39 year old physician with rhinorrhea and an encephalocele

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Carotid Cavernous Fistula (CCF) Study
October 27, 2021
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Pineal Region Meningioma
February 2, 2022

This is a 39 year old physician with a long history of sinus issues, who more recently had noted an increased drainage of clear fluid from his nose. Testing of the fluid for Beta-2-transferrin demonstrated that it was consistent with cerebrospinal fluid (csf). MRI and CT scan demonstrated an encephalocele in the frontal most part of the anterior skull base, on the left, just off midline (Figures 1a,1b,1c). For the last 3 weeks, he has also been having headaches and neck pain.

Coronal CT bone window

Figure 1a – Coronal CT bone window

Sagittal CT bone window

Figure 1b – Sagittal CT bone window










Sagittal T2 MRI

Figure 1c – Sagittal T2 MRI


The patient was sent to the hospital. He was noted to be afebrile with a normal white blood cell count. Nonetheless, to be safe, he was started on broad spectrum antibiotics. Two days later he was brought to the operating room and underwent a left frontal craniotomy to repair the encephalocele. Brainlab neuronavigation was used to avoid violating the frontal sinus, and a lumber drain was used to give adequate brain relaxation. A sizeable defect was noted in the skull base. Brain tissue was amputated from beneath the defect, and the defect was repaired with allograft.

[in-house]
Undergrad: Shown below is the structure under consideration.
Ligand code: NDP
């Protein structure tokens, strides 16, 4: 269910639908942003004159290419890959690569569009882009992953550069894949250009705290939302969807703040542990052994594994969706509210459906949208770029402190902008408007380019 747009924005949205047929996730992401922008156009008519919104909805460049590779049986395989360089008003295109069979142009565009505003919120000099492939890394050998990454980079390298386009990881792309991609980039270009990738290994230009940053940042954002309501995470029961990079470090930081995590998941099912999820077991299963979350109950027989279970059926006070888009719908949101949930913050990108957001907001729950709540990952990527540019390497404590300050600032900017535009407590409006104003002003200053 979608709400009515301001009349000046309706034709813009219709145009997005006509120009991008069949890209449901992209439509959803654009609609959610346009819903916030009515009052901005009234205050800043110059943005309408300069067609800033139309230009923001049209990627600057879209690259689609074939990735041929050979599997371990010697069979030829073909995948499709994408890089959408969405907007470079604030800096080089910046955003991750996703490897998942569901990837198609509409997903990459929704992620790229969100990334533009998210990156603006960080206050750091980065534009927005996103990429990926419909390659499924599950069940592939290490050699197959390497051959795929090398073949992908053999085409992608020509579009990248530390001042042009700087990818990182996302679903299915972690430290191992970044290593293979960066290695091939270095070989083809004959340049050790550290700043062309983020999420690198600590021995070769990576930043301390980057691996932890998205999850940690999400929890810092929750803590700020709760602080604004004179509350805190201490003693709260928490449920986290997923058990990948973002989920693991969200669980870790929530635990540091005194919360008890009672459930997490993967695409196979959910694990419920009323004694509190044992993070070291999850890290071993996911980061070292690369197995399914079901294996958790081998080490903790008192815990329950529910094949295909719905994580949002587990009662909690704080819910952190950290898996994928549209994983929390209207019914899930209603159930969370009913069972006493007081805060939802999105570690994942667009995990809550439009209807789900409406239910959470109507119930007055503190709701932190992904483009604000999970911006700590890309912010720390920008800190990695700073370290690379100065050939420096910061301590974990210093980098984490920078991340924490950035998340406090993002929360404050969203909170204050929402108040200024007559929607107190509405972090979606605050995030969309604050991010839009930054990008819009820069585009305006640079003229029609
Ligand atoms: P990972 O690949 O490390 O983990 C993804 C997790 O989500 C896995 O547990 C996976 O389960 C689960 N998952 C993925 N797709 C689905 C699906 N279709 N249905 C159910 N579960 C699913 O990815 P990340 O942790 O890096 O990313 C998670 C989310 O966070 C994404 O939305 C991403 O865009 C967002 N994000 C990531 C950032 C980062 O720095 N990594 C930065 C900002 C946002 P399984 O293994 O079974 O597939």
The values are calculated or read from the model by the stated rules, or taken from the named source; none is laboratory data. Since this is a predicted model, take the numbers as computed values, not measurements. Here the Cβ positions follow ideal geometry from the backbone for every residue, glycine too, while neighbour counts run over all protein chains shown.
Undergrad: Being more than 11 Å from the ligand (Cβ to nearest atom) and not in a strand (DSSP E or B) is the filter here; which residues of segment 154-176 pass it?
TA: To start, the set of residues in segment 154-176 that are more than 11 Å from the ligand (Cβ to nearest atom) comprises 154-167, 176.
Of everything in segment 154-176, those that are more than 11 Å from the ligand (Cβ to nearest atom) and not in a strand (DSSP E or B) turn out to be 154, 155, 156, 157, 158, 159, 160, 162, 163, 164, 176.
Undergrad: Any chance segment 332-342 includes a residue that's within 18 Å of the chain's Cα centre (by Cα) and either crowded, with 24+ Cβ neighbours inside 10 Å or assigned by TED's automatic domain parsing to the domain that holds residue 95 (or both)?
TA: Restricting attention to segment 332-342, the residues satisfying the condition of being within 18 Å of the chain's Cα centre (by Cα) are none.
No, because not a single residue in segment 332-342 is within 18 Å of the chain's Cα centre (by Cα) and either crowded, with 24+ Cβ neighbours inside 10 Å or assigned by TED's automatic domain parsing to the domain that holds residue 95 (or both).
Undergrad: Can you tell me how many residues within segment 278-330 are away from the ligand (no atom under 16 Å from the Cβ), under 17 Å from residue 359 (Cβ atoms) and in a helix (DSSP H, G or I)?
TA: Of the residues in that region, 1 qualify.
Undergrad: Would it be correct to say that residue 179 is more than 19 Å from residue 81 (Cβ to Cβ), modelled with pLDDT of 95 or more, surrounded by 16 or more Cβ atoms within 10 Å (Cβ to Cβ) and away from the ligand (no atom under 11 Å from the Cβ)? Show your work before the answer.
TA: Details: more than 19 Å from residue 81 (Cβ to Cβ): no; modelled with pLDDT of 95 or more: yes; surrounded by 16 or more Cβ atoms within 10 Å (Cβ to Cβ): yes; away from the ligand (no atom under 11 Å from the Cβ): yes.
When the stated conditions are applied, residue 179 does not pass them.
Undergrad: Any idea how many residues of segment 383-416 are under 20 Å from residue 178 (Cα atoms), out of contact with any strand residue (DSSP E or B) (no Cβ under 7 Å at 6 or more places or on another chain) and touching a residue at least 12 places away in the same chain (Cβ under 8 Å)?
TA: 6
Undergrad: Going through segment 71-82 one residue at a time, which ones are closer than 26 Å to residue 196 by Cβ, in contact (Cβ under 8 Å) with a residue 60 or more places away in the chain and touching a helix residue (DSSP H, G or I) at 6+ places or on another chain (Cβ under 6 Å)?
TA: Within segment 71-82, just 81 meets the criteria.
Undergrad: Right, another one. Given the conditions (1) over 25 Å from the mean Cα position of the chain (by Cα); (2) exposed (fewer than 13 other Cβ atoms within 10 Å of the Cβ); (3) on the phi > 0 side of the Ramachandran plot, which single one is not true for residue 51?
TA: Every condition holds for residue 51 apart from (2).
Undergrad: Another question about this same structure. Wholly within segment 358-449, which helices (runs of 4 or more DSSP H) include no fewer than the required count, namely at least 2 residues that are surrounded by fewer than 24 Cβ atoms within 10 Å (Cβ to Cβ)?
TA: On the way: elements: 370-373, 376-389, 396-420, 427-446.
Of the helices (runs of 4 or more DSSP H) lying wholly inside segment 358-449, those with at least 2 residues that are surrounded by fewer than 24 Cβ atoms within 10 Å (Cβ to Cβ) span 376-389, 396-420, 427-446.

The CSF never grew out any organisms and seemed otherwise unremarkable. The lumbar drain was left in place for 3 days postoperatively. The patient had no more csf rhinorrhea or headaches, and was discharged neurologically intact.

Encephaloceles are defects in which the brain exits the skull through defects in the skull. They are usually discovered at birth, and usually present as obvious protrusions from the head. However, it is possible to have an encephalocele present during adulthood, as in this case. The skull defect through which the brain protruded was from the anterior skull base into the ethmoid sinus, so it would not have been grossly noticeable. It is unclear whether some of this patient’s chronic sinus issues may have been secondary to this encephalocele, or may have ultimately led it to tear, and start leaking csf from the nose. Regardless, in light of the csf rhinorrhea, surgery was indicated to repair the defect to stop the csf leak and prevent the development of meningitis or brain abscess.


39 year old physician with rhinorrhea and an encephalocele

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